I thought it was time to revisit why I named this blog Glocal Christianity. I am sure many of you wonder what the heck I mean by ‘glocal’ and what that has to do with my style of Christianity, so here goes.
The word ‘glocalization’ is a portmanteau of the words ‘glocal’ and ‘local’. It’s basically short for ‘localized globalization’, and unpacks the fact that the globalization of the local (macro-localization) and the localization of the global (micro-globalization) are often intertwined.
To give some examples, who doesn’t know what a vuvuzela is now? The infliction of vuvuzela’s on the world by South African soccer fans is a classic example of macro-localization, of the universalization of the particular. Conversely, who’s heard of the expression, “The world is at your doorstep”? The existance of 45 language groups in a school near me in western Sydney is a classic example of micro-globalization, of the particularization of the universal. These are some of the experiences and truths I seek to grapple with in this blog.
Some locales more globalized than others
Now, the truth of the matter is that some locales are more globalized than others. By and large, towns are not as glocalized as cities, small cities are not as glocalized as large cities, and even within large cities some suburbs are not as glocalized as others. Of course there are exceptions, but that’s the general rule of thumb.
My interest is born of the fact that I just happen to live in one of the most multicultural suburbs in one of the most multicultural cities in the Southern Hemisphere. Glocalization is rampant. So I wonder, what does a glocalized Christianity look like?
What does glocalized Christianity look like?
First, I tell you what it doesn’t look like, at least for me. It doesn’t look like celtic revivalist Christianity, for celtic nostalgia is only one influence amongst many. It doesn’t look like triumphalist civic Christianity, for Christianity is becoming increasingly marginalized in this religious melieu. It doesn’t look like a managerie of neotribal Christianities, for we’ve got far more subcultures than Christians. It doesn’t look like emerging expressions of Christianity in less globalized locales. It has far more diversity to grapple with.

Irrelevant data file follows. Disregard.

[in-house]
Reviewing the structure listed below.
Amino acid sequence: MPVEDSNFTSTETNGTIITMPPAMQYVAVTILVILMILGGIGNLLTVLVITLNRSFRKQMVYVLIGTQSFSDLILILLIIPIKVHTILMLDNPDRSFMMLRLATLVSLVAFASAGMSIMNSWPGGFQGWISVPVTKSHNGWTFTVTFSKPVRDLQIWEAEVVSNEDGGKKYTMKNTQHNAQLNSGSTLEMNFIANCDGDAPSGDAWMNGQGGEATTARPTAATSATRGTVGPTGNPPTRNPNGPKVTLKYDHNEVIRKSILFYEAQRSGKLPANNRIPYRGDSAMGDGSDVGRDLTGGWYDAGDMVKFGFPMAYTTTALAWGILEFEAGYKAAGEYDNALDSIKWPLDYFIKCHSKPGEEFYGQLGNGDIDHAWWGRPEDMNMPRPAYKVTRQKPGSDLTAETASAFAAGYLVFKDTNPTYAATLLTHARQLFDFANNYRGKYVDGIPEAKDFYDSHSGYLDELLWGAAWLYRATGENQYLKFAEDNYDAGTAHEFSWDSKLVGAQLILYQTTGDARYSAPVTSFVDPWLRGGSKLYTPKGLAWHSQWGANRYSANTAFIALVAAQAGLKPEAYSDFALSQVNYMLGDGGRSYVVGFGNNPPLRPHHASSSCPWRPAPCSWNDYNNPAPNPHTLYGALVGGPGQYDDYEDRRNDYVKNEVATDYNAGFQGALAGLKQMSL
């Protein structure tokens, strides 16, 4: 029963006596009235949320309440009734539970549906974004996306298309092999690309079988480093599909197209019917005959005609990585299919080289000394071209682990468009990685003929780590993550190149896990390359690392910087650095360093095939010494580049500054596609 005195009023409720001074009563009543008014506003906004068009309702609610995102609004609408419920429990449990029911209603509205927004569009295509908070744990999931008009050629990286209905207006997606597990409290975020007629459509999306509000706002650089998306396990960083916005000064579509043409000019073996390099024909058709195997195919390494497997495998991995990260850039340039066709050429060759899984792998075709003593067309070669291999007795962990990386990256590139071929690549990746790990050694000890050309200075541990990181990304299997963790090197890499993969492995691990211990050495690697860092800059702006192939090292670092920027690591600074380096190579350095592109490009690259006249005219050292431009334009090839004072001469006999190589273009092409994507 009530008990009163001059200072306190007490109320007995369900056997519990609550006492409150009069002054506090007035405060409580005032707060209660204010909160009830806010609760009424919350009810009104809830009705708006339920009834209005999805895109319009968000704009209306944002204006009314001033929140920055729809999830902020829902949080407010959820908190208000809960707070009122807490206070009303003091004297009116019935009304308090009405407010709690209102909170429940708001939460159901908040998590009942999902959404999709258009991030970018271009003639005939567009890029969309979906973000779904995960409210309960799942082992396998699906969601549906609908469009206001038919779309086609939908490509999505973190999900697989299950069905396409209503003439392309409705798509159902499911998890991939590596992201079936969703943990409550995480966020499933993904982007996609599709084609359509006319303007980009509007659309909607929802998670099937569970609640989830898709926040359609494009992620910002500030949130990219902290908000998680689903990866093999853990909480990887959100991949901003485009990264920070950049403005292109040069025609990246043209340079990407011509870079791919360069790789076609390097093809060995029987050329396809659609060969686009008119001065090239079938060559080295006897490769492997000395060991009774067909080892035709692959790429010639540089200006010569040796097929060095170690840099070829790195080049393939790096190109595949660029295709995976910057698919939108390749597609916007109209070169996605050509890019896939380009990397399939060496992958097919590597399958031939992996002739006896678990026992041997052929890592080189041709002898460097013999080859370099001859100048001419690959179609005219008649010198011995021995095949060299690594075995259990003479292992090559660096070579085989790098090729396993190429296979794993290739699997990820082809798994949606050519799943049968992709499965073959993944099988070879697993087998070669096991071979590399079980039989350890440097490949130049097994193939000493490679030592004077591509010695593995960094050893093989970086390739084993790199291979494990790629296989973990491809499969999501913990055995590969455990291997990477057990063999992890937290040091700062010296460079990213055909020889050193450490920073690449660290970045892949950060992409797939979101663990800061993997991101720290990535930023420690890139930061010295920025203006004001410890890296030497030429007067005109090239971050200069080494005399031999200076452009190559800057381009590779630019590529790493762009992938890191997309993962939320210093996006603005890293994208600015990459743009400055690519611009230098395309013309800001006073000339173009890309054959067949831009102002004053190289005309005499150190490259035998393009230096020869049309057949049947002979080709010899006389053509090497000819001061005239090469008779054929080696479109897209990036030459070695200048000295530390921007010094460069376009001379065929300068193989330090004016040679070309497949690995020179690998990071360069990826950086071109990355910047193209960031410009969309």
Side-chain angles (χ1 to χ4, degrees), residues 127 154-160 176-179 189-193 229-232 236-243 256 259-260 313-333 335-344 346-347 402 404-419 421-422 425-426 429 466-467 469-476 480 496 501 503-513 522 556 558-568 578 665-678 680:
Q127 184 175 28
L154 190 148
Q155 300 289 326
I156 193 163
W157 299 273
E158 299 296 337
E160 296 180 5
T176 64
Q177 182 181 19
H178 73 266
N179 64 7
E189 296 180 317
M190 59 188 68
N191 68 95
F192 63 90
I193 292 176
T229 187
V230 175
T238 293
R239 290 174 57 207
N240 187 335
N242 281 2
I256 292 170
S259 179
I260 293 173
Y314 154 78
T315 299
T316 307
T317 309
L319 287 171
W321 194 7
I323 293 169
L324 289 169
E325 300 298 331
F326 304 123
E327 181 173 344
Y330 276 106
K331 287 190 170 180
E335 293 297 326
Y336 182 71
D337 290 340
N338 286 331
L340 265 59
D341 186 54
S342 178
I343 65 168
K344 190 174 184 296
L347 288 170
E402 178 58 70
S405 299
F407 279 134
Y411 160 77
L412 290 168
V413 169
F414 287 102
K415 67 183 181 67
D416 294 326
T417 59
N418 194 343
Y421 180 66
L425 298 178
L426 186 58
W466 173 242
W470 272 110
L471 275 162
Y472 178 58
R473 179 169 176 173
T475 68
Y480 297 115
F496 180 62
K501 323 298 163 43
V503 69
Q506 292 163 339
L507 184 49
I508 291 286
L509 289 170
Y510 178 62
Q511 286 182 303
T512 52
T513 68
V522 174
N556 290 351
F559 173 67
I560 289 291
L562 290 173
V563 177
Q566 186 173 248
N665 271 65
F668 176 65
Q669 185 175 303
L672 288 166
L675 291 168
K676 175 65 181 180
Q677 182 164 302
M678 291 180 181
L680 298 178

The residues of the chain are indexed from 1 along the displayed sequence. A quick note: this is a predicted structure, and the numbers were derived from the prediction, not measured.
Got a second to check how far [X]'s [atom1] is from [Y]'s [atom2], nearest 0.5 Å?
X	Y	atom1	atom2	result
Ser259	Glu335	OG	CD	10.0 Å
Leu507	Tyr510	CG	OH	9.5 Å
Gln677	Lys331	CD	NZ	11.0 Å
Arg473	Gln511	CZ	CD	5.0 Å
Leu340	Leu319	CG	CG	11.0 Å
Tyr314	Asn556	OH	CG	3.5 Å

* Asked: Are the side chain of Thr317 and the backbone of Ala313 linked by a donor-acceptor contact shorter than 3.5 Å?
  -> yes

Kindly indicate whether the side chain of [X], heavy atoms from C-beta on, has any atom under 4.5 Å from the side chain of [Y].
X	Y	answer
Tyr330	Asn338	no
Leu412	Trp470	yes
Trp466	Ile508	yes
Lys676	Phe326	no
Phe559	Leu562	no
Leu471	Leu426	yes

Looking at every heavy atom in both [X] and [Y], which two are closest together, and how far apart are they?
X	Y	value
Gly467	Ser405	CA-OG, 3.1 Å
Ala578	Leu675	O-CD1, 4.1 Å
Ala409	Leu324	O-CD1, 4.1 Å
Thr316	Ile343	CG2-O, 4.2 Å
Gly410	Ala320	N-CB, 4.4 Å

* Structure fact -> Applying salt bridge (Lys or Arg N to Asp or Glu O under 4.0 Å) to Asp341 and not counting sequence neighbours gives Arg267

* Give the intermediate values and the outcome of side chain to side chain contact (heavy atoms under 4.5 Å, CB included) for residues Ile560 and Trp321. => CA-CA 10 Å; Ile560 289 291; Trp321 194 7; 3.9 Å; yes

So, what will a glocalized Christianity look like? That’s what I’ve been exploring and what I hope to explore in even greater depth as my own understanding expands. As I have expressed in my blog description, at the very least I think it involves exploring what it means to follow Jesus in a multireligious, multicultural, multimedia world. And I differentiate between multireligious and multicultural quite deliberately. I think it’s equally important to explore how we disciple western Hindus and eastern Christians. In fact, I am continually challenged to do both without walking more than 20 meters from my front door. A glocalized Christianity is a Christianity adapted for contexts of extreme cultural and religious diversity. That’s what this is about, both the conversations and the art.
The web as globalized locale
Now, of course extreme cultural and religious diversity may not be your local experience. Diversity is distributed unevenly and by virtue of that we are each going to have different experiences. But, I’m gathering if you’re here that you’ve experienced at least some of the ripple effects of glocalization. And I’m gathering you probably recognize that the web itself is a globalized locale, albeit a nonphysical one. So I’m glad you’re interested in joining me in this journey of discovery, of exploring what it looks like to follow Jesus in a multireligious, multicultural, multimedia world.